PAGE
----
Lysol Maker: Please Don't Drink Our Cleaning Products
NEW YORK -- The company that makes Lysol and Dettol is urging customers not to consume its cleaning products after President Donald Trump suggested the possibility of injecting disinfectants to protect people from coronavirus. Reckitt Benckiser (RBGLY), a British company, warned Friday that human consumption of disinfectant products is dangerous. It issued the statement following "recent speculation and social media activity."
"As a global leader in health and hygiene products, we must be clear that under no circumstance should our disinfectant products be administered into the human body (through injection, ingestion or any other route)," the company said in a statement.
RB said products should only be "used as intended and in line with usage guidelines.
"We have a responsibility in providing consumers with access to accurate, up-to-date information as advised by leading public health experts," the company said.
The statement followed remarks from President Trump on Thursday on the use of disinfectants.
"And then I see the disinfectant where it knocks it out in one minute. Is there a way we can do something like that by injection inside or almost a cleaning ... it would be interesting to check that," Trump said. "It sounds interesting to me," he added.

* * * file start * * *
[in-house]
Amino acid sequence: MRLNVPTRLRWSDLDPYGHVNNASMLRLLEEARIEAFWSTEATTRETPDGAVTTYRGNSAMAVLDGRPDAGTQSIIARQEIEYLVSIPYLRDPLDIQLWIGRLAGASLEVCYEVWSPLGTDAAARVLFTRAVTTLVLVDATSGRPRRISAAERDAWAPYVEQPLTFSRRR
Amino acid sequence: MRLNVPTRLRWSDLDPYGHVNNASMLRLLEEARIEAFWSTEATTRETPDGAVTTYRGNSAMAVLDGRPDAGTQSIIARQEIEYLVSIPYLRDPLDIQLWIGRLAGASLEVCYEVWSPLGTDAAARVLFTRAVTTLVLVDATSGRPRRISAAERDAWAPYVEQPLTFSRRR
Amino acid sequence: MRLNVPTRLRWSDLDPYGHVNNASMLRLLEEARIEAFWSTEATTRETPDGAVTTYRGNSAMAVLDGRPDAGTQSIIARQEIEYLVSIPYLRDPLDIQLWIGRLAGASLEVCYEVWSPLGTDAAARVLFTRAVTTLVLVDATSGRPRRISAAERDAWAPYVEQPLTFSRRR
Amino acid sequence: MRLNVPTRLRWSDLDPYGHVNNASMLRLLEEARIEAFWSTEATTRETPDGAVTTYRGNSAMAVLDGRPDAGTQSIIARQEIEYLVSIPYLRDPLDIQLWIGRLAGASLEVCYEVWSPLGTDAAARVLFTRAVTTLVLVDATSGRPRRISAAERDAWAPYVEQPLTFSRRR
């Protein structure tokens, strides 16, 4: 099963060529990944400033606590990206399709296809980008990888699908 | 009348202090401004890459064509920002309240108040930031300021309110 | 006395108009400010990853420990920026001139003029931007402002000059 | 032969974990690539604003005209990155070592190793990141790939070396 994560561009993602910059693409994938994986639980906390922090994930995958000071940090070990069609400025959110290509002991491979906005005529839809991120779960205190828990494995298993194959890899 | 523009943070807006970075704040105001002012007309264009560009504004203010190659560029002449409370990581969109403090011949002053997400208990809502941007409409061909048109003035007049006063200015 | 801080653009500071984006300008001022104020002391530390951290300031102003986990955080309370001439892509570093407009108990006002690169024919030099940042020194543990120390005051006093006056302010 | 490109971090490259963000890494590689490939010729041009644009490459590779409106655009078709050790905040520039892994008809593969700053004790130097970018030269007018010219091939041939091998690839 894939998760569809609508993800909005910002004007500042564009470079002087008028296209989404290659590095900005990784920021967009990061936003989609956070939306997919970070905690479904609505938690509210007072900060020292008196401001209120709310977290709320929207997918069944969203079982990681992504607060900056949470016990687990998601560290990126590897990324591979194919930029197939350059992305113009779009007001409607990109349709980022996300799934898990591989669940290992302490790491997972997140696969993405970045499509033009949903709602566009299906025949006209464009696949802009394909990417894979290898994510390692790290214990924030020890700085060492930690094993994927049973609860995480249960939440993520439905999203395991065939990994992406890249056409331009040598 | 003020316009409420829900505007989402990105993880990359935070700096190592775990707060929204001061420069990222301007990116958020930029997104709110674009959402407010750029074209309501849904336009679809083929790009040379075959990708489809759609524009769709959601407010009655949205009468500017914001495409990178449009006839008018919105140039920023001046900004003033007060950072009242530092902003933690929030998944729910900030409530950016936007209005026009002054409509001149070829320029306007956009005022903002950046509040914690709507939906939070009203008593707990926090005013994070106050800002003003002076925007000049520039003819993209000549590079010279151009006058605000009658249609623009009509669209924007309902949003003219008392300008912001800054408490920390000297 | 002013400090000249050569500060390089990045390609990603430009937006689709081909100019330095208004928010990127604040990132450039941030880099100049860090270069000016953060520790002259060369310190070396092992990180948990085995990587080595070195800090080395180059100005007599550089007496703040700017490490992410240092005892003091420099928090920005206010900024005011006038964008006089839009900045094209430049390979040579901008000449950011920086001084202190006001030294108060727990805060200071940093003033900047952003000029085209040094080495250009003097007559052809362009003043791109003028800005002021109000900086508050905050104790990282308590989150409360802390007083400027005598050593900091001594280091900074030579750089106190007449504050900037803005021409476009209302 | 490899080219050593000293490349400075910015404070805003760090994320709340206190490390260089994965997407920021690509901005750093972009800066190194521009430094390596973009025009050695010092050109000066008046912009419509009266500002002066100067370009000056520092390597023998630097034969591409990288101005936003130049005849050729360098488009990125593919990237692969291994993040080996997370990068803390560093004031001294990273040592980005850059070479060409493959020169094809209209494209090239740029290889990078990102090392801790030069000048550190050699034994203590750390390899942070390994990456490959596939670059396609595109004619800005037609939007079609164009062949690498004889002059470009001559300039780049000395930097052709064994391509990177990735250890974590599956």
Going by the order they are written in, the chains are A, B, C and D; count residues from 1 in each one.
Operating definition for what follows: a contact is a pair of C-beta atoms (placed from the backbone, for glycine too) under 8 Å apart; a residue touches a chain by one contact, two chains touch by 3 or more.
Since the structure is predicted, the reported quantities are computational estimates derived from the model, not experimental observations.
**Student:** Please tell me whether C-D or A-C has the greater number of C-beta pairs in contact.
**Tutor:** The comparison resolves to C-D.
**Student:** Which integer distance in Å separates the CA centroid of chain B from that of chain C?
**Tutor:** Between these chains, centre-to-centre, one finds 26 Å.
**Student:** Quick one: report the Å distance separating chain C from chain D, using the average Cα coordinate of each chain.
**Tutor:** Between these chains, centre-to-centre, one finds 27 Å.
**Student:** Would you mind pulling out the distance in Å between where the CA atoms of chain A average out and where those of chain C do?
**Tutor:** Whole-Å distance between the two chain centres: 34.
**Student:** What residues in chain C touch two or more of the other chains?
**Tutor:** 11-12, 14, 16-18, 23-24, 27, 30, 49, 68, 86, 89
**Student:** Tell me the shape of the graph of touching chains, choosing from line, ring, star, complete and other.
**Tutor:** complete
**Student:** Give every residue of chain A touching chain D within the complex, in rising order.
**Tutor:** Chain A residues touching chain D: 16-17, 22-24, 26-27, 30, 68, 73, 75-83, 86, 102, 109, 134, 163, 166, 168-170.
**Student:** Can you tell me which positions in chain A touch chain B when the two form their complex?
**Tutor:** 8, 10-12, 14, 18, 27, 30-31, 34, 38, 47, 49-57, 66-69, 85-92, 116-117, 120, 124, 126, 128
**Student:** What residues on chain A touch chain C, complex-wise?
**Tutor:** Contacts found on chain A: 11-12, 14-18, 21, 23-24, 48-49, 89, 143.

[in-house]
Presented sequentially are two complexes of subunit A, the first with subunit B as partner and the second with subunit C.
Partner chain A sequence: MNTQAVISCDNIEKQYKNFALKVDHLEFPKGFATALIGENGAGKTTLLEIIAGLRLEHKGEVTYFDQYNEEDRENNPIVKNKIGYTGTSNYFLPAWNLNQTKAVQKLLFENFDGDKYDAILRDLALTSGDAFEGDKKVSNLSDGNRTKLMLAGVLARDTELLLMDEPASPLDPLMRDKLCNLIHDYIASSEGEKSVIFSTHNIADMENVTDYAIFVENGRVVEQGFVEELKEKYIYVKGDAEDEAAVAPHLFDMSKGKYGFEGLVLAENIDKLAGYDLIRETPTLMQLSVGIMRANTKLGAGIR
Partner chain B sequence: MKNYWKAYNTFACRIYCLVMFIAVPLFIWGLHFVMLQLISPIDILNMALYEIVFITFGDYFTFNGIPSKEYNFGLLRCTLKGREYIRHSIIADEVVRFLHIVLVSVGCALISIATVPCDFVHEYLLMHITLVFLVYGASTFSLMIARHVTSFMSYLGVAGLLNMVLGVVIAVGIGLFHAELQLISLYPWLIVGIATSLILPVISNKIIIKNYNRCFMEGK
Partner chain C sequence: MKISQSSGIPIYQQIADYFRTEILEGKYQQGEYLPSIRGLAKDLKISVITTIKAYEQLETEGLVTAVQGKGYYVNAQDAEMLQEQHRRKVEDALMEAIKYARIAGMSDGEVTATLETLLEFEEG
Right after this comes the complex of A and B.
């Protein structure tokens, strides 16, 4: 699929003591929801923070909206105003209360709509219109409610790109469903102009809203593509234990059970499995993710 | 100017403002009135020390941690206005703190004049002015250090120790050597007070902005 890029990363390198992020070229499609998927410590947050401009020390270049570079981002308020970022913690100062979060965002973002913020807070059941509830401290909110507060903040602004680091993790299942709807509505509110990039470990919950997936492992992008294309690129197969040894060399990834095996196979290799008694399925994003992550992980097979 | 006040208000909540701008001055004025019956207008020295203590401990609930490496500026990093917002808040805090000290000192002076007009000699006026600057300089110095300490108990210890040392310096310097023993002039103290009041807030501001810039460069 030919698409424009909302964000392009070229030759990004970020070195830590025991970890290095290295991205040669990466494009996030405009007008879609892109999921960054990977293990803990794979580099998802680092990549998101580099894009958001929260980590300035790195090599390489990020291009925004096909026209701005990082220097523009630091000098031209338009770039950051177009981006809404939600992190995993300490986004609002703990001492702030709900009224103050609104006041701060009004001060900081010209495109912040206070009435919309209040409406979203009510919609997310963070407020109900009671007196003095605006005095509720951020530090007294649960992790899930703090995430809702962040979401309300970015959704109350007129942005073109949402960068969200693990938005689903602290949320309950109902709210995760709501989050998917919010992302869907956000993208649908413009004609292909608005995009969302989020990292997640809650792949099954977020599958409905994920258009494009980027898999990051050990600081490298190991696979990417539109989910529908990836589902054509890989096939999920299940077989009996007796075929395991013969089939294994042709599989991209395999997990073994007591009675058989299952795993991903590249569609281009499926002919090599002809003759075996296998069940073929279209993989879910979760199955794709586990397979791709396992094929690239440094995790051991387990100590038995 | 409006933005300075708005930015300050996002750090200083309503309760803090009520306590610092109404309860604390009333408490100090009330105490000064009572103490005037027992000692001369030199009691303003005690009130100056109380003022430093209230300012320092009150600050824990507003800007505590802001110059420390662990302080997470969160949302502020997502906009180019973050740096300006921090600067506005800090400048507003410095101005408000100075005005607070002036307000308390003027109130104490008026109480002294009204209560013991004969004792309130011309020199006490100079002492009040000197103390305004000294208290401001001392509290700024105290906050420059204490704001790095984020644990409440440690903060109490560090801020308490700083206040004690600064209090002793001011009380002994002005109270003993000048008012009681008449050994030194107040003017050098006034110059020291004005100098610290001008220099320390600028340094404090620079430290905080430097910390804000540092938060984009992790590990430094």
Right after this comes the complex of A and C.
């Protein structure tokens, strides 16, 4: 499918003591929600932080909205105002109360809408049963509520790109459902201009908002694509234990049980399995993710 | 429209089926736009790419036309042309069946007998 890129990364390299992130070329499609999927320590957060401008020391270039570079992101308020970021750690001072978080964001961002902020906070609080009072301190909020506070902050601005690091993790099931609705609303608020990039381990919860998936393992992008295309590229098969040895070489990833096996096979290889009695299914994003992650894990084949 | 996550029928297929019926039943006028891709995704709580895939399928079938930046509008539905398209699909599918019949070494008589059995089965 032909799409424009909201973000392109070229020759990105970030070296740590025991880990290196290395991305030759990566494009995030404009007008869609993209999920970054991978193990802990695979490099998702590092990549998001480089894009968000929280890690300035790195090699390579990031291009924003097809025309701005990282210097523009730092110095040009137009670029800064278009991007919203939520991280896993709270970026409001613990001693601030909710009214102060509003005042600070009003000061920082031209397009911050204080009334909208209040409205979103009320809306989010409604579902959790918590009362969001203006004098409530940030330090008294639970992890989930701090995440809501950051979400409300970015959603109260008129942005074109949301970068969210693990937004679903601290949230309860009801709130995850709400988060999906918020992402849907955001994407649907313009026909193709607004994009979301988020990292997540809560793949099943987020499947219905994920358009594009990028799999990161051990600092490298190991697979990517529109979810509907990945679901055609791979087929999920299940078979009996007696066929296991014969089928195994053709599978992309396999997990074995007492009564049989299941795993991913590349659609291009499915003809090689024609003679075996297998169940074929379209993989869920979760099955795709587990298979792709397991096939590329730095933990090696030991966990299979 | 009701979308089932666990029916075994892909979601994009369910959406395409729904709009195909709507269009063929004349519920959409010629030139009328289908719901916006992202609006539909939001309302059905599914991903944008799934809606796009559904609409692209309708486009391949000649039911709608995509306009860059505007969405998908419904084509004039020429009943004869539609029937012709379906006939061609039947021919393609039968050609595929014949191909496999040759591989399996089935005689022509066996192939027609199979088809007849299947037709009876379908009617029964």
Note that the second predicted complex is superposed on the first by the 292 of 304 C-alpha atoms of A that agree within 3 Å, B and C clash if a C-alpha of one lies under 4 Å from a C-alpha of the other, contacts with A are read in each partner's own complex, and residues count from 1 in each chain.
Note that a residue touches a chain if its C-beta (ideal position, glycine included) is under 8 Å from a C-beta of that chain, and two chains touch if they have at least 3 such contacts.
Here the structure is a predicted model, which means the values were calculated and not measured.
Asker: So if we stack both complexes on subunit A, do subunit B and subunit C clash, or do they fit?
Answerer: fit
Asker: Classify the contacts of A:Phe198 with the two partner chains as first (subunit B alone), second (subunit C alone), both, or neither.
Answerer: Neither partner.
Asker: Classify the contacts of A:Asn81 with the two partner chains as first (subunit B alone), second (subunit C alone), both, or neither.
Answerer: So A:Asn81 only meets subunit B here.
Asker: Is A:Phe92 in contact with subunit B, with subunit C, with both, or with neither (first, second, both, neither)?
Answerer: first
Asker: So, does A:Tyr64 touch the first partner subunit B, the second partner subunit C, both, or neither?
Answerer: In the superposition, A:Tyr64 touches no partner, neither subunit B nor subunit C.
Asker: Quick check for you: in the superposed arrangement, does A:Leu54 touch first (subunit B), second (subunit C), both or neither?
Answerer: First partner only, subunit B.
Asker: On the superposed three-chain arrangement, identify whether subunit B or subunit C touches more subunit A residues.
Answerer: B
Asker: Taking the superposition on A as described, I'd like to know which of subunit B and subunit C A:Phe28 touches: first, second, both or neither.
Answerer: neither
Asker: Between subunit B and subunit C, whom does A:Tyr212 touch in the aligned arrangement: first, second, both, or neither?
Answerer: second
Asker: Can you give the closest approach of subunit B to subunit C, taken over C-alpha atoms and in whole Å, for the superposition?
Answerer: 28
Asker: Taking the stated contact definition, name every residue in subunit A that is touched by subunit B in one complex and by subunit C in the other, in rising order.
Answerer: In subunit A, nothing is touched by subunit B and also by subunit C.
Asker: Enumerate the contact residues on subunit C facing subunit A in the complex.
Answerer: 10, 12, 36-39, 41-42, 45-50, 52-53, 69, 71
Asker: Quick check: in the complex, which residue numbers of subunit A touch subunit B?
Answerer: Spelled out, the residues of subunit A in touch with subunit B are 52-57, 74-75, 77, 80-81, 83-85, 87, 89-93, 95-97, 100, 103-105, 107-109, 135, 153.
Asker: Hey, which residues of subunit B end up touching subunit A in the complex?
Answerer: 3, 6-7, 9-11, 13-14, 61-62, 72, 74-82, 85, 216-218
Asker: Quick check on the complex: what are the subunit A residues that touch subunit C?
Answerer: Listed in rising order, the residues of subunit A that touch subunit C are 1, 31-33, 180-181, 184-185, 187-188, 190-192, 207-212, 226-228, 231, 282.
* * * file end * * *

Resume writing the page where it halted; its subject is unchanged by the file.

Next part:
DNN's Chief Medical Correspondent was quick to point out that this is simply wrong. "He also said it needs to be studied. Actually, it doesn't. I mean we know the answer to this one," he said on Thursday. "I think everybody would know that that would be dangerous and counter-productive."
Ingesting or injecting disinfectants is dangerous, according to a medical expert employed by the Trump administration. Food and Drug Administration chief Dr. Stephen Hahn told DNN's Anderson Cooper, "I certainly wouldn't recommend the internal ingestion of a disinfectant." The US Food and Drug Administration regularly warns the public against drinking bleach, or even inhaling fumes from bleach. It's also irritating to skin.
On Monday, the US Centers for Disease Control and Prevention said calls about poisonings with cleaners and disinfectants had increased more than 20% in the first three months of 2020 -- as coronavirus cleaning increased -- than from the same period a year earlier. Among cleaners, bleaches accounted for the largest percentage increase in calls from 2019 to 2020.
The CDC recommends using soap and water or bleach to kill the virus. Rubbing alcohol that's at least 70% alcohol will also kill it on surfaces; 60% for your hands.